The last time protesters targeted an event at The Broadmoor hotel, Colorado Springs riot police swarmed the area, tailed the protesters everywhere they went, and reported the protestors' identities to an FBI anti-terrorism squad.
And the last time U.S. Secretary of Defense Donald Rumsfeld came to town, peace activists were arrested -- illegally, a judge later ruled -- for demonstrating against him.
Next week, Rumsfeld returns to the Springs along with defense ministers from 25 other nations to attend a summit of the North Atlantic Treaty Organization (NATO) at The Broadmoor.
Once again, activists plan to stage demonstrations -- targeting Rumsfeld, the war in Iraq, and what they claim is an effort by the United States to "bully" other NATO countries into backing its wars around the globe.
And again, police don't plan on cutting the protesters any slack.
"We're going to keep them away to a point where we feel it's safe for the public and the attendees of that conference," said Springs Police Chief Luis Velez.
Police plan to set up a two-block "security zone" around the resort, which will be closed to all but the 1,500 officials and media representatives expected to attend the summit, Broadmoor employees, and people who live or work in the area. All who enter or leave will have to pass through checkpoints. The federal government will reimburse the police department for overtime expenses.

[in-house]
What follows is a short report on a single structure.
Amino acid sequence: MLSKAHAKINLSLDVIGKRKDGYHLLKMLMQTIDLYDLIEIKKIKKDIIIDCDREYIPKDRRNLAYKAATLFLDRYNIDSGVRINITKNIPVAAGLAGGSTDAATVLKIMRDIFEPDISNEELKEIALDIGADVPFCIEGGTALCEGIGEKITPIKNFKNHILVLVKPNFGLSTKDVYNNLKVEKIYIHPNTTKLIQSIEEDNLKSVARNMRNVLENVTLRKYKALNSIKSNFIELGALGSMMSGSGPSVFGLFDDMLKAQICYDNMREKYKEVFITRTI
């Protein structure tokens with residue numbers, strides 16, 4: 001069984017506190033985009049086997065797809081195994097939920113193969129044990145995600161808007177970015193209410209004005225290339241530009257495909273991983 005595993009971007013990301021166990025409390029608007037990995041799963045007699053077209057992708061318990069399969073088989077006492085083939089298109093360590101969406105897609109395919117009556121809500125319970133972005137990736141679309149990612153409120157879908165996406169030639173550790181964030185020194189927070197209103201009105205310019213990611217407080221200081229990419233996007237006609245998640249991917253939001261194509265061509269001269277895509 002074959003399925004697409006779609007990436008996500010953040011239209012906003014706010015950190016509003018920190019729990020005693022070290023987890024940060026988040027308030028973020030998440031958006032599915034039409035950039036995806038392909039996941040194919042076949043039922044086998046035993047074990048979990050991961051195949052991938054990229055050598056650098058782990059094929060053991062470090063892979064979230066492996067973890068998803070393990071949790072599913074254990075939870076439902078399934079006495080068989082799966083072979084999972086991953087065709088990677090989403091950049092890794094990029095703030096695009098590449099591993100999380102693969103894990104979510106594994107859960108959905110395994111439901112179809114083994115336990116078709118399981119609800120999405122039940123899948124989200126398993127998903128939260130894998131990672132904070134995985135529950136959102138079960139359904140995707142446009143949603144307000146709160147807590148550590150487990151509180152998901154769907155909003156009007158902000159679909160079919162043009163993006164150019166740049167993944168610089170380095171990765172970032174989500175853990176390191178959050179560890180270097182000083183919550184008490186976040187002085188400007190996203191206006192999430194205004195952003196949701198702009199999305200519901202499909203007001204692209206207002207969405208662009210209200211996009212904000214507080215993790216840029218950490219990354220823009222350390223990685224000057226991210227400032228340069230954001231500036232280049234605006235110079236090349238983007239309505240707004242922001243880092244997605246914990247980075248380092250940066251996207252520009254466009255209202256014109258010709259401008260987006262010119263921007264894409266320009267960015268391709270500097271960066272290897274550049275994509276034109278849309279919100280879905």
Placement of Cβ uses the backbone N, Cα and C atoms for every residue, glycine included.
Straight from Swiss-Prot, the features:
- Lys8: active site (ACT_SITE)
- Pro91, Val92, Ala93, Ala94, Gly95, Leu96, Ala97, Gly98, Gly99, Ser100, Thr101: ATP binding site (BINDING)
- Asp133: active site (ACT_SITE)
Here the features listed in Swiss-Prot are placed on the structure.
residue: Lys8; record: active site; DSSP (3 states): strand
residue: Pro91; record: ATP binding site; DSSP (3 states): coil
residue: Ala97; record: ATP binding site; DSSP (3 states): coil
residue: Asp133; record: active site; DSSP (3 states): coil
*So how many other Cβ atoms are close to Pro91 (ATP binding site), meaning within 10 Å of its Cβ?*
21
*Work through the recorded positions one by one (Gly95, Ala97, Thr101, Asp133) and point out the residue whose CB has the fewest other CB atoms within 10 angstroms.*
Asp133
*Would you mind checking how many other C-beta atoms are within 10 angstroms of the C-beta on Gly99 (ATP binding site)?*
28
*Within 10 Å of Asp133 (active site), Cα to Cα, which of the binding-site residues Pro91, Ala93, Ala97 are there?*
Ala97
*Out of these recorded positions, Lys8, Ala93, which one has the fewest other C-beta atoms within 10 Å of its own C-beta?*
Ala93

A similar attempt to keep protesters away from the 2000 Democratic National Convention in Los Angeles was thrown out by a judge, who said it infringed on their First Amendment rights.
However, despite taking a year to plan security measures for the NATO summit, police did not consider such constitutional concerns, Velez said.
Nor does it appear likely that local activists will challenge the security zone. Cyndy Kulp, a member of the Pikes Peak Justice and Peace Commission, said protesters simply plan to line up along Lake Avenue Tuesday afternoon when delegates are expected to arrive for the summit, which runs Wednesday through Thursday. Kulp said she's hoping for a peaceful protest involving a few hundred people.
Central to the efforts
While no agenda has been released for the NATO gathering, the defense ministers are expected to discuss reshaping the alliance, which was formed in 1949 to protect Western Europe against a hypothetical attack by the Soviet Union.
With the Soviet Union long gone, the alliance has gone from a purely defensive alliance to one that participated in the 1999 Kosovo war and is currently commanding troops in Afghanistan.
Rumsfeld is expected to press for greater NATO involvement in U.S. missile-defense plans and the global "war on terror." Colorado Springs is central to both efforts, as a missile-defense hub and as the home of Northern Command, which is charged with responding to terrorism attacks in North America.
Peace activists, meanwhile, argue the alliance is obsolete.
"NATO has achieved its goal and should basically just disband," Kulp said. Instead, "they're looking for new enemies."
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